A few fun questions…

When the words aren’t flowing—or when you want to celebrate if they are—what is your favorite comfort food and why?

I like cold canned spinach. Yep, I’m a freak.

I also like cheddar cheese. Sometimes I go through an entire bag of sunflower seeds on a chapter. It’s a nervous habit more than anything.

If you were a song, what kind of song would you be?

I’d be a brooding love song.

In the story that is your life, are you the strong, female lead; the girl next door; the mysterious woman behind dark glasses; the super heroine; or the little girl trying to walk in high heels?

I would say I’m the little girl in the high heels, but I think everyone who knows me would say the strong heroine. I’m tougher than I give myself credit for most days.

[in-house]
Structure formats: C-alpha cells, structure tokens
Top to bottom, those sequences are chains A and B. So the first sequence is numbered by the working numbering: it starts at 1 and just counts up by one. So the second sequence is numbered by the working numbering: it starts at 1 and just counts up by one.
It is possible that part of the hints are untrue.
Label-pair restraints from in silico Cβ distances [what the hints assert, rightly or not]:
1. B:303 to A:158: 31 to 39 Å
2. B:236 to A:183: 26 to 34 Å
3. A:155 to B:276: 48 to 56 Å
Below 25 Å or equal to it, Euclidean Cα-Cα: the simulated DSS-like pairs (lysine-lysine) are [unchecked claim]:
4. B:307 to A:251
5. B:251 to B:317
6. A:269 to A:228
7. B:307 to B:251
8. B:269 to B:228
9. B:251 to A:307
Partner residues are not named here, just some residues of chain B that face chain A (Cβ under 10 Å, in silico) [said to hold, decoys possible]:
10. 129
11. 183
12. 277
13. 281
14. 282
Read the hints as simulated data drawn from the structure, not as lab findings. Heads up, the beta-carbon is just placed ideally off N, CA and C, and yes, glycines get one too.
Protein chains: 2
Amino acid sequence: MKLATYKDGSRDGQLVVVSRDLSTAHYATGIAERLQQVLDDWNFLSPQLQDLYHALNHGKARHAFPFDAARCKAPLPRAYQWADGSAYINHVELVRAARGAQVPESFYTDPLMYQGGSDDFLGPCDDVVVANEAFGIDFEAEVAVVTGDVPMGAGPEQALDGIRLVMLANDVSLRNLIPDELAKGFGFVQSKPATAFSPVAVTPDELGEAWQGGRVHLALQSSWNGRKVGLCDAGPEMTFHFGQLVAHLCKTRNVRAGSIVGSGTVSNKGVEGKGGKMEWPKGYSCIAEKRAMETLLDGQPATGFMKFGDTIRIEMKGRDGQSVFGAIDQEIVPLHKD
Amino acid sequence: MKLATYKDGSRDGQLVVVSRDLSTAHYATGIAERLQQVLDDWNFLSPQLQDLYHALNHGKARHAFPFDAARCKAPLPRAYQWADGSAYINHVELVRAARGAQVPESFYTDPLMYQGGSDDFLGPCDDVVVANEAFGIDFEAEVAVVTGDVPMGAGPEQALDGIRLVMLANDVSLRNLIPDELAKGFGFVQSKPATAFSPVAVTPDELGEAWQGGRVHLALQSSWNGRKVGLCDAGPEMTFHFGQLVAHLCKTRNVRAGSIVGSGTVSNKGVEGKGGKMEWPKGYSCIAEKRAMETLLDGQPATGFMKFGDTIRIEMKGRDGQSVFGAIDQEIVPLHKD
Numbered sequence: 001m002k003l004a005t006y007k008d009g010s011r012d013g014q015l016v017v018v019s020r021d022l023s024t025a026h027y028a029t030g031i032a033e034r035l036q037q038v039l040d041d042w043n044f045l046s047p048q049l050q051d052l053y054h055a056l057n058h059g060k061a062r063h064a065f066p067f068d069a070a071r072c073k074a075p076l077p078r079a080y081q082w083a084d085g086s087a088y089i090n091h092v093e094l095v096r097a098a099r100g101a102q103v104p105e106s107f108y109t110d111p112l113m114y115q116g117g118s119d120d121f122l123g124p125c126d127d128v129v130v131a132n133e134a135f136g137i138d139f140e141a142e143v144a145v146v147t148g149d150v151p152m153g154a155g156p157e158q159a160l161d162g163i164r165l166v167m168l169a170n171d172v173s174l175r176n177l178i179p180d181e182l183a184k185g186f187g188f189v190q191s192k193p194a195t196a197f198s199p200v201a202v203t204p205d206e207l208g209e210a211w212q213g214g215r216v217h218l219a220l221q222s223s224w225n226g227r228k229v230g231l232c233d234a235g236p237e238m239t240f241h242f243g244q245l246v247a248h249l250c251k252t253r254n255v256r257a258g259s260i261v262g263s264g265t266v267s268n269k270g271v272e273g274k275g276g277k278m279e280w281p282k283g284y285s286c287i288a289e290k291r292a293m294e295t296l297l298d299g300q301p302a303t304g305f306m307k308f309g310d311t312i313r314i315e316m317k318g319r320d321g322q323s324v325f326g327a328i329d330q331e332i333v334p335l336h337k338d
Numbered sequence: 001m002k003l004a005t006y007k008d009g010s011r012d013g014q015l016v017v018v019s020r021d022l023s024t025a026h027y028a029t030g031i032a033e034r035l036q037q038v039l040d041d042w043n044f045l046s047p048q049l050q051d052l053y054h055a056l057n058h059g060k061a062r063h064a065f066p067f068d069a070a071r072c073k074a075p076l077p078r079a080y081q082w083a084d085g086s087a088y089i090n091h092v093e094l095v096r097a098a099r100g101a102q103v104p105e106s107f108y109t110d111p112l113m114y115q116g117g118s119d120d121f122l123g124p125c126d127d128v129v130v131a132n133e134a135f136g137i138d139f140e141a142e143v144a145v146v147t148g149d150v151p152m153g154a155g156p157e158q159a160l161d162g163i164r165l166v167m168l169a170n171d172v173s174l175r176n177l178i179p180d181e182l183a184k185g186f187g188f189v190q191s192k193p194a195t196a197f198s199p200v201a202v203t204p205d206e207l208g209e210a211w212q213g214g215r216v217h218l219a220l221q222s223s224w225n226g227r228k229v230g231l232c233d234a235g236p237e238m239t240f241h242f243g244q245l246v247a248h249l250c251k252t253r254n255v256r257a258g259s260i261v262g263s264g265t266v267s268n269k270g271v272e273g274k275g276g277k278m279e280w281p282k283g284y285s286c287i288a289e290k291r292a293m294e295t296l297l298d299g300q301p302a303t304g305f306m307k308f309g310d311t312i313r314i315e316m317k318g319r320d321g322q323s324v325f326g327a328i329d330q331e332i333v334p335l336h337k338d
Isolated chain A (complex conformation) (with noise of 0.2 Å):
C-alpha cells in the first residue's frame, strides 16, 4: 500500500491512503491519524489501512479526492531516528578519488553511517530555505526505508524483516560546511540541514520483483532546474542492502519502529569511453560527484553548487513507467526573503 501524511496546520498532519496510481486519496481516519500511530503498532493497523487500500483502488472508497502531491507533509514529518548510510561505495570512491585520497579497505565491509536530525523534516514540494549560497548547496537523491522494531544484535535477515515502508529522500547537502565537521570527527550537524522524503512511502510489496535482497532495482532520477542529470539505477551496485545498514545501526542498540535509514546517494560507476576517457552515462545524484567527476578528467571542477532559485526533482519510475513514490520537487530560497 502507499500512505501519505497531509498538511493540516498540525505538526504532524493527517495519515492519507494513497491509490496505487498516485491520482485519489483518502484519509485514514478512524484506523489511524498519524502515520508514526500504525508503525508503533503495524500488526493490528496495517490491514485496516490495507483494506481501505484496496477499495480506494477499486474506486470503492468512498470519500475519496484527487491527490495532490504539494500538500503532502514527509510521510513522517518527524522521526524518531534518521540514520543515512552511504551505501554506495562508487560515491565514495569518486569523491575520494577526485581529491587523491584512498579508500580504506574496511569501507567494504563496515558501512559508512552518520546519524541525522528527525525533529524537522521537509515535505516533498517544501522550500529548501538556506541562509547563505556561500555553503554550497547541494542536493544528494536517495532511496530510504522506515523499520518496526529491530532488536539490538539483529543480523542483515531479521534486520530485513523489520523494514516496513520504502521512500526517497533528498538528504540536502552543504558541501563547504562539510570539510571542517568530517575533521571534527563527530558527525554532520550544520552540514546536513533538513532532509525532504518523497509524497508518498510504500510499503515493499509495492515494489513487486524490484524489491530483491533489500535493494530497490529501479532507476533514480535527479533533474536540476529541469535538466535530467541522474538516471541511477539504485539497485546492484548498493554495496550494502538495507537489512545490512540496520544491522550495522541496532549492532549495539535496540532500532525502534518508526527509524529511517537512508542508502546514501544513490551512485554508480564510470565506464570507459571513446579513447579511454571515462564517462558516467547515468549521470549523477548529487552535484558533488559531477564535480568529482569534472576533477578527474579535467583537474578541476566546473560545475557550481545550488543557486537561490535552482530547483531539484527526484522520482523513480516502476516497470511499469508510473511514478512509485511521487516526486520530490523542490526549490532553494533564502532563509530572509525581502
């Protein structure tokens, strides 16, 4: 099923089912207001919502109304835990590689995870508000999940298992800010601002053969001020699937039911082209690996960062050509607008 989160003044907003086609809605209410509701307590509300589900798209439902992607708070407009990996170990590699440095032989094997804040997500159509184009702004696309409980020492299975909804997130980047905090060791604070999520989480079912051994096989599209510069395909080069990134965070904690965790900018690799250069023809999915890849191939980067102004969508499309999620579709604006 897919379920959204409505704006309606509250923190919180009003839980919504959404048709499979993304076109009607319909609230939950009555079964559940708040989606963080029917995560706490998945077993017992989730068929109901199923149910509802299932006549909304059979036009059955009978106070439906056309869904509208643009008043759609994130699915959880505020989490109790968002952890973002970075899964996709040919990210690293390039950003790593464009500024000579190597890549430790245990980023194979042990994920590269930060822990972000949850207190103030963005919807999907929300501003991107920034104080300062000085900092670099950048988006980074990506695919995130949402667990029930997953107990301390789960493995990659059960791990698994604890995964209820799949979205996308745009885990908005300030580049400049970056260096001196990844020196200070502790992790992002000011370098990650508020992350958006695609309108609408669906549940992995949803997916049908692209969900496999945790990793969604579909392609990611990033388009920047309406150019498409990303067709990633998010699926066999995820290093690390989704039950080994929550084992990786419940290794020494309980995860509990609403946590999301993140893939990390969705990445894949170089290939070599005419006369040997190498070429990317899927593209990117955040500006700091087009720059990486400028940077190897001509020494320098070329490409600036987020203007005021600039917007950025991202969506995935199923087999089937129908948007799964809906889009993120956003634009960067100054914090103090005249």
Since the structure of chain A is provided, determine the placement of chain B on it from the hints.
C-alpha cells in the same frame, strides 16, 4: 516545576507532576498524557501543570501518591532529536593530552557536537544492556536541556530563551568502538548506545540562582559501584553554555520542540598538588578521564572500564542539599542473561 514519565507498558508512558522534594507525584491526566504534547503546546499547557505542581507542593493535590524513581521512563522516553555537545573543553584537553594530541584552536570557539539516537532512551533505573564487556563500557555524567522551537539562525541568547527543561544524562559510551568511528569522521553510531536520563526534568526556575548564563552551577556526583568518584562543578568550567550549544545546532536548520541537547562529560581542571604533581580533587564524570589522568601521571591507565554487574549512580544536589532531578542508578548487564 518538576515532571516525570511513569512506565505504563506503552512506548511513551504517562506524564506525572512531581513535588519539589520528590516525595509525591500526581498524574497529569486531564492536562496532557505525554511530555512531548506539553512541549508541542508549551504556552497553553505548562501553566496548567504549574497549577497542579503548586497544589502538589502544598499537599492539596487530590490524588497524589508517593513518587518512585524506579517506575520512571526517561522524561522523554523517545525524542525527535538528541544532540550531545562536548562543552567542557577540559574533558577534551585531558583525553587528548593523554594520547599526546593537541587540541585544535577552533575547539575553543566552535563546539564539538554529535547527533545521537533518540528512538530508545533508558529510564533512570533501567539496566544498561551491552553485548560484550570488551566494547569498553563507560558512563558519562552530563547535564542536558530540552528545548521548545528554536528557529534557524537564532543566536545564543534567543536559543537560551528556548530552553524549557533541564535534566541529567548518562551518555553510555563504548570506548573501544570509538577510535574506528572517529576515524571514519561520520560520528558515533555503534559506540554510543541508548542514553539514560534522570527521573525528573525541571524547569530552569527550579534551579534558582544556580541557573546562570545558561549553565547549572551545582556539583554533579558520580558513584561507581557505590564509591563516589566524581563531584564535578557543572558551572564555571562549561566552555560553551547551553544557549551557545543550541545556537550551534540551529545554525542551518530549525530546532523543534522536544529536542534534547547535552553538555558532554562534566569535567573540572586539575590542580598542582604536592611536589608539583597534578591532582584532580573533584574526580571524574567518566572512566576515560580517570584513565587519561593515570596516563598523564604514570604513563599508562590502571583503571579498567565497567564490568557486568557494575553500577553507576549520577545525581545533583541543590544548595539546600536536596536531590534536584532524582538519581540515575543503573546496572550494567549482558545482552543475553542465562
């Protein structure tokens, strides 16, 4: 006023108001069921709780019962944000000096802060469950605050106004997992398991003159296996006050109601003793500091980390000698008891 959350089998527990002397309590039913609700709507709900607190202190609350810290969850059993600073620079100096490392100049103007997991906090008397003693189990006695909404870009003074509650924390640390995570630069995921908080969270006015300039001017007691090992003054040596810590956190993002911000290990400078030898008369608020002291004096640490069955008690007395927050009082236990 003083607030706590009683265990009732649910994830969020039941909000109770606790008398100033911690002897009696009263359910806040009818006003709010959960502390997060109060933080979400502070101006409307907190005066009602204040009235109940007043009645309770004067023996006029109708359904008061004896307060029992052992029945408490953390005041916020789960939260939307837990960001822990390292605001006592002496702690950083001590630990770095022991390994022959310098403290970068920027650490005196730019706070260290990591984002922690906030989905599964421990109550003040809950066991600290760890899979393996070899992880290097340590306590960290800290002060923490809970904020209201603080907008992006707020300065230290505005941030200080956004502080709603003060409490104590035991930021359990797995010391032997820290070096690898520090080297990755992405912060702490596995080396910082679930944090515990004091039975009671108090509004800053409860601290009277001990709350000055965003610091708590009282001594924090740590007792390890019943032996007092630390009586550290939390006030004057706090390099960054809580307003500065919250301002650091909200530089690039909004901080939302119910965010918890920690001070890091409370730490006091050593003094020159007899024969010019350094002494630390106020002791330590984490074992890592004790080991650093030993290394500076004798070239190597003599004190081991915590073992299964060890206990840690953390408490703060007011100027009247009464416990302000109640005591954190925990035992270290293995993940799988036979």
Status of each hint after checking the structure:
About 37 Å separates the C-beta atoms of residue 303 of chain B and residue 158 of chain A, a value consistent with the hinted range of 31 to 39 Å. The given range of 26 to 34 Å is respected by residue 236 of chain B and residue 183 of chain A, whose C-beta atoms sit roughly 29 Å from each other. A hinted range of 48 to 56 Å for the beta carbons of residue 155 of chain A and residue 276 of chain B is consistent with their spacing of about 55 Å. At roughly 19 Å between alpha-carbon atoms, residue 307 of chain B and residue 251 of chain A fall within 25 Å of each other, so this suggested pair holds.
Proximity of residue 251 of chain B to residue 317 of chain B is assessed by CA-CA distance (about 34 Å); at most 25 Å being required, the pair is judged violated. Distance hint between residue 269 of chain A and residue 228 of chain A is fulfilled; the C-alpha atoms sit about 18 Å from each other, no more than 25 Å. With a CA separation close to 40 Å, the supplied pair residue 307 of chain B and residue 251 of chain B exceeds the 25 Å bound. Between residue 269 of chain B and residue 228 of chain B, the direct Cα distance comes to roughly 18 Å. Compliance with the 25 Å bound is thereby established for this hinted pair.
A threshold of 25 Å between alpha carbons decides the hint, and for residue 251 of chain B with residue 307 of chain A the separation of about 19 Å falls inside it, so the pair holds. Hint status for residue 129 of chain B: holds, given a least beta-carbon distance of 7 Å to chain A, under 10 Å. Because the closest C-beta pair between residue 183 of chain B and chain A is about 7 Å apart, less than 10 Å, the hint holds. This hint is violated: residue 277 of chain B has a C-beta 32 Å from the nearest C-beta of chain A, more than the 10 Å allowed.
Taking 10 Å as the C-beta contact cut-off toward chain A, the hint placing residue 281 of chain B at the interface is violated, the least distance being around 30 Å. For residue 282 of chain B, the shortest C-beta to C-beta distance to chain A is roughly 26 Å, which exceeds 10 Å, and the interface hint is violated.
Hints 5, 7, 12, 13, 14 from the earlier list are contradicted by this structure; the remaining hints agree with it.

I’m a dog lover. Please tell us about your pets, if any, and/or your favorite pet as a child.

We have a three pawed yorkie named Sophie who is a living teddy bear. She doesn’t know she is missing a paw. I think she was born that way but it doesn’t slow her down. We also have a big old hound dog named Maggie. She is the sweetest, smartest dog I’ve ever had, and one fish named LesPaul after the guitar. My musician husband named him.

Thank you, Gina! It’s nice to have you at DivineDetour.

Thanks for having me. Really great questions.

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For more information about Gina and her books, visit her website at